Look Who's Talking
VOY: "Someone to Watch Over Me" shows us shots of a human ovum from the opening credits of the movie "Look Who's Talking" (1989).
Lost in Space
The lamp-like device on the ceiling of the (fake) Romulan holodeck in TNG: "Future Imperfect" is a replica of the spacecraft Jupiter II from the original Lost in Space series, according to Ed Miarecki. Also, the Jupiter II purportedly appears in the form of a chessman in TNG: "Unnatural Selection" (reported at Timecon '89). It is not really verifiable on the screen capture.
The chess piece in TNG: "Conundrum" clearly based on the robot B-9, also from Lost in Space, confirms that the first one is meant to be the Jupiter II.
In Clara Sutter's quarters in TNG: "Imaginary Friend" we can see a small statue of Maria, the Maschinenmensch from "Metropolis". This particular replica was produced by Masudaya in 1984 at 1/5 scale and in purple color.
Night of the Creeps
The Promellian battlecruiser from TNG: "Booby Trap" originally appeared in the horror movie "Night of the Creeps" (1986).
Raiders of the Lost Ark
A replica of the fertility idol from "Raiders of the Lost Ark" can be seen in Dax's quarters in DS9: "Dax". Dax's version is not as shiny as the original, possibly in order to cover up its origin in another franchise. The prop from "Raiders of the Lost Ark" is based on a real pre-Columbian artifact. It depicts Tlazolteotl, the Aztec goddess of licentiousness.
In TNG: "The Dauphin" we can see Wesley with the game "Nukem" from "Robocop". His figures are from a 3D chess game, instead of the original tall metallic figures. The black cards with the atomic symbol, on the other hand, belong to the Trek version of the game as well.
seaQuest DSV borrows many motives from TNG, and likes to cite Star Trek. There is one mention of seaQuest DSV in TNG too, the name "Seaquest" of Darien Wallace's ship on a list in "Eye of the Beholder". This mention was already in the original TNG episode and is clearly identifiable since the remastered version is available.
The same buildings (most likely actual aircraft hangars) appear in the science fiction series Seven Days and in ENT: "First Flight".
We can see the same tunnel in TNG: "Too Short a Season" and, a few years later, in "Legacy". This painted extension was originally made for the access tunnels inside the "Mega Maid" in "Spaceballs"!
"Star Patrol" was produced in 2000 as a Star Trek spoof and directed by Jonathan Frakes. See below for the make-ups and models that this series pilot re-uses from Star Trek. Vice versa, the Icarus starship design from the spoof made it to the real Star Trek and became a spectator ship in VOY: "Drive" and a Vojean/Wyngari ship in VOY: "Q2".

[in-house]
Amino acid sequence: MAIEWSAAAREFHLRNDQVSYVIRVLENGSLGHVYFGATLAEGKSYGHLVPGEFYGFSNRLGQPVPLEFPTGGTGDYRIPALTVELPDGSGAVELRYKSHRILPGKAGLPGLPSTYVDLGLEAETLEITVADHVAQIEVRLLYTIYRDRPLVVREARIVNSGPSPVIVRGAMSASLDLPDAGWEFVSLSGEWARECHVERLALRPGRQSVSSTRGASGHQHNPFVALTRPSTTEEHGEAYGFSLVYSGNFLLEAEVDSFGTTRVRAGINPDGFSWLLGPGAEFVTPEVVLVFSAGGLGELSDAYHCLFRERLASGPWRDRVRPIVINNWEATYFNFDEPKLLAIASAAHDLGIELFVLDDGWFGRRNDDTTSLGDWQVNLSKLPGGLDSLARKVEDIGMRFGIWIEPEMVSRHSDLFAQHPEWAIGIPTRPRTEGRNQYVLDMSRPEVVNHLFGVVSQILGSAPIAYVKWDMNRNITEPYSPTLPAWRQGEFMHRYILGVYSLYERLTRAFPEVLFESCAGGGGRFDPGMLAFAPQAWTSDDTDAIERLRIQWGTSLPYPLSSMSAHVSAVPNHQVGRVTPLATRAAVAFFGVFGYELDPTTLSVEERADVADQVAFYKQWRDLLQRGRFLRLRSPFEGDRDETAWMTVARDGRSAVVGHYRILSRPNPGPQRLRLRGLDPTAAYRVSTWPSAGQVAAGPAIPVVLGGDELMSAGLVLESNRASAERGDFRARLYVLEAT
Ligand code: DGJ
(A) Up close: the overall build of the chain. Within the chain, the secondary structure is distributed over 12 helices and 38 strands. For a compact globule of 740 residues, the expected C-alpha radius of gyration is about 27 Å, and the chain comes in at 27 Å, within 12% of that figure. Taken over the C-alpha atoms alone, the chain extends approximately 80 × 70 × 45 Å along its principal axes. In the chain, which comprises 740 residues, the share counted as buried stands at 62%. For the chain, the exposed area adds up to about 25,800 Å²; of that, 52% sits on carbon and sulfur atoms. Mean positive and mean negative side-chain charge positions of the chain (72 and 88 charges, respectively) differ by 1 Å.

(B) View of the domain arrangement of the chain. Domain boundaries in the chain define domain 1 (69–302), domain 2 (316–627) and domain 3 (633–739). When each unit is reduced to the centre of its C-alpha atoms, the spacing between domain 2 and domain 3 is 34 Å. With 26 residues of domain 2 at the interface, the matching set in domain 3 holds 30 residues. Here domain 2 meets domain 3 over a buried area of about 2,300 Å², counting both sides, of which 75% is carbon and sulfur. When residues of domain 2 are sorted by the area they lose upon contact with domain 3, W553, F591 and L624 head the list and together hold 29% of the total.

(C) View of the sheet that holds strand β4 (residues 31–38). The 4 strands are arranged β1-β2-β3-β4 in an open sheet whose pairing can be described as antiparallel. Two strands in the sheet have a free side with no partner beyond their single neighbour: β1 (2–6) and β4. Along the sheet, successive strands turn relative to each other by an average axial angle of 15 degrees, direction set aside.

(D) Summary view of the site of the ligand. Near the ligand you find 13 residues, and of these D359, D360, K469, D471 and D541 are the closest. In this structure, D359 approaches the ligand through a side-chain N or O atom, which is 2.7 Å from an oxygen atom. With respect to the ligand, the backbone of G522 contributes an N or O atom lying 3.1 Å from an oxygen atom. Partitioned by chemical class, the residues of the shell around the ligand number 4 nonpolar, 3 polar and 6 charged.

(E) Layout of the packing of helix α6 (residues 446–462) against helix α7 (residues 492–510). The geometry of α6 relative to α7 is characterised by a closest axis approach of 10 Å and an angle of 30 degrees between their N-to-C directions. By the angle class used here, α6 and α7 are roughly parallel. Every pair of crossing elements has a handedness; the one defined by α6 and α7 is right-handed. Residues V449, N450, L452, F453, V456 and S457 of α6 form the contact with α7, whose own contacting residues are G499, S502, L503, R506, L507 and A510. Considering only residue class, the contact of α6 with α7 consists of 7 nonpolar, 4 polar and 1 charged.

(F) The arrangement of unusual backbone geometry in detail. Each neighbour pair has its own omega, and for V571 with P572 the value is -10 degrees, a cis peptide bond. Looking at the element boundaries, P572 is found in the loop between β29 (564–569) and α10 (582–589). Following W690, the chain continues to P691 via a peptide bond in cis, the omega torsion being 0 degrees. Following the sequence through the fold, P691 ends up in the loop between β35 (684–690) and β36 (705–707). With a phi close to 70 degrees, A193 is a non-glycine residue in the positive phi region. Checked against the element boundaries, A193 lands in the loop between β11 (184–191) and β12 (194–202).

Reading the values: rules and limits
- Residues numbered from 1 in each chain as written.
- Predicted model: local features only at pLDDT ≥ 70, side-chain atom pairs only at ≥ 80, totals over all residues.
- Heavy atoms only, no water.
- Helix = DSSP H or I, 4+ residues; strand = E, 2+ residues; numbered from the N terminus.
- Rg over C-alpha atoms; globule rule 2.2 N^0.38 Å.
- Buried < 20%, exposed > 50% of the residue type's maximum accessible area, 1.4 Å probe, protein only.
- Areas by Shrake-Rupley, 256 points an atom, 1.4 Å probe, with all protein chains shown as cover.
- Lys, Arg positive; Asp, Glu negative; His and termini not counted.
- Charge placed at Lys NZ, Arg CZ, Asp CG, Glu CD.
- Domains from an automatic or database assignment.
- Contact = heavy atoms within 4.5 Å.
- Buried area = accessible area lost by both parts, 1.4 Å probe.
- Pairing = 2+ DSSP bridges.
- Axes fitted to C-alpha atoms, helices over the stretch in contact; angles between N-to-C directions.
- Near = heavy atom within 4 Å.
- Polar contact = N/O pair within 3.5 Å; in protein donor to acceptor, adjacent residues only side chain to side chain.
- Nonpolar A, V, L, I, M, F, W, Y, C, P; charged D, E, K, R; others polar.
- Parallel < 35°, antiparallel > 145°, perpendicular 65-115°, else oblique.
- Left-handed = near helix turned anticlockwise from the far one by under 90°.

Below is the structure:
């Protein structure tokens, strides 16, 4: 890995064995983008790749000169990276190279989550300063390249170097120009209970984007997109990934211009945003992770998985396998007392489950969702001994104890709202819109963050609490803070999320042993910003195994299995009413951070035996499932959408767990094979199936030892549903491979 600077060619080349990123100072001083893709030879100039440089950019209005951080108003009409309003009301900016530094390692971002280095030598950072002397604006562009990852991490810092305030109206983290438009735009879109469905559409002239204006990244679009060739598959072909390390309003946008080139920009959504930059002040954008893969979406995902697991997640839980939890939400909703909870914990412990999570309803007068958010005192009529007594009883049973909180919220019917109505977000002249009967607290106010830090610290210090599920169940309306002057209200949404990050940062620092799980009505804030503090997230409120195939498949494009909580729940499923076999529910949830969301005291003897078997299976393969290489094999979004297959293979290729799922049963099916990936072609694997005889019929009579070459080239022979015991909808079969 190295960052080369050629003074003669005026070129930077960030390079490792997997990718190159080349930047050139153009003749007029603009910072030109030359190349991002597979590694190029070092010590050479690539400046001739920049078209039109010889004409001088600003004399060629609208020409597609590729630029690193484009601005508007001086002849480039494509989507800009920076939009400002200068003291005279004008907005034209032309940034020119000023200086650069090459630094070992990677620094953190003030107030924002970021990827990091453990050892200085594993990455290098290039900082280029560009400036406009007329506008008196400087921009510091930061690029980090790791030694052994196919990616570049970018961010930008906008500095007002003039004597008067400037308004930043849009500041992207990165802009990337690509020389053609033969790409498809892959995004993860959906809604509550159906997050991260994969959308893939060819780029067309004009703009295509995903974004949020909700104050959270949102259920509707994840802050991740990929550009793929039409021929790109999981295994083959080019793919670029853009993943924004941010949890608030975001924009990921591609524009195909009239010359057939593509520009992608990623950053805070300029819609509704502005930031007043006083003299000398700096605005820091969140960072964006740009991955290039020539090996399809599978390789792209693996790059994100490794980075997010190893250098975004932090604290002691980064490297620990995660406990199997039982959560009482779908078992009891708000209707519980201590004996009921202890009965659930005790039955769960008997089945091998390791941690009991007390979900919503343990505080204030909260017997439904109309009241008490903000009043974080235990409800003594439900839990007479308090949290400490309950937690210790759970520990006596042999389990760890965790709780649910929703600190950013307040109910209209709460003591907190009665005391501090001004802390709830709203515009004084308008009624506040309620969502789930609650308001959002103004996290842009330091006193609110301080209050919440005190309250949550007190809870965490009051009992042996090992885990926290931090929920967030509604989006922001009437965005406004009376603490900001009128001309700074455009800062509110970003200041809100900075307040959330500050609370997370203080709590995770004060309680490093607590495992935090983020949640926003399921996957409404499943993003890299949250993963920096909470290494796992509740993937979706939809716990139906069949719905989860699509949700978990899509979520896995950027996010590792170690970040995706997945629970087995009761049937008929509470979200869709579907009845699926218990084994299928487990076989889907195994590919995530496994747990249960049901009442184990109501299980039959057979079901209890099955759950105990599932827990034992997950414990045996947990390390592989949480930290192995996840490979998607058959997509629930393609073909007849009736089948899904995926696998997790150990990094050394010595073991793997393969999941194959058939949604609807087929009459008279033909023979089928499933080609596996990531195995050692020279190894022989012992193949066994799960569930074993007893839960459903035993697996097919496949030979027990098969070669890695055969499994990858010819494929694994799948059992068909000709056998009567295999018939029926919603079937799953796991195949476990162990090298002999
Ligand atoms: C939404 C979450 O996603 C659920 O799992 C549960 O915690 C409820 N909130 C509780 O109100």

In TNG: "Sub Rosa" we can make out the grave of a Mr. or Mrs. Vader, next to that of a certain McFly (or one of his time-traveling incarnations). The criminal Ibudan from DS9 has listed the departure from a spaceport called Alderaan in his schedule.
In "Star Trek: First Contact" one of the Federation vessels fighting against the Borg cube is actually a Millenium Falcon, as was confirmed by ILM VFX artist John Knoll.
Another Star Wars ship appears in the form of the Talarian warship and the designs derived from it. The main hull was taken from an Imperial Star Destroyer.
J.J. Abrams included Star Wars Easter eggs to his Star Trek movies. The technology of R2-D2 from a long time ago in a galaxy far away was no help against the Narada in orbit of Vulcan though. R2-D2 reappears in "Star Trek Into Darkness" when the Enterprise is first attacked by the Vengeance.
The Adventures of Buckaroo Banzai Across the 8th Dimension
The DS9 episode "Equilibrium" has two references to the 1984 movie "The Adventures of Buckaroo Banzai Across the 8th Dimension". The first is another re-use of the oscillation overthruster prop from the movie, this time as a medical scanning device of the Trill. The second is the alleged name "Whorfin Dax" of a former Dax host on a monitor, as a homage to the character of John Whorfin, played by John Lithgow. We can spot other humorous names in the alphabetical list, such as "Batman Androbin", "Bedrock Townof" or "Bell Pacific".
Regarding "Buckaroo Banzai", the movie also appears in the form of the ship SS Buckaroo Banzai BBI-993, "commanded by Captain John Whorfin, launched in 2137 on a mission to Planet 10 (DIM 8) in the Ficus Sector". At least, this is listed on an Okudagram in TNG: "Up the Long Ladder". Whorfin is also the class name of the two passenger transports in "Star Trek Generations".
The Outer Limits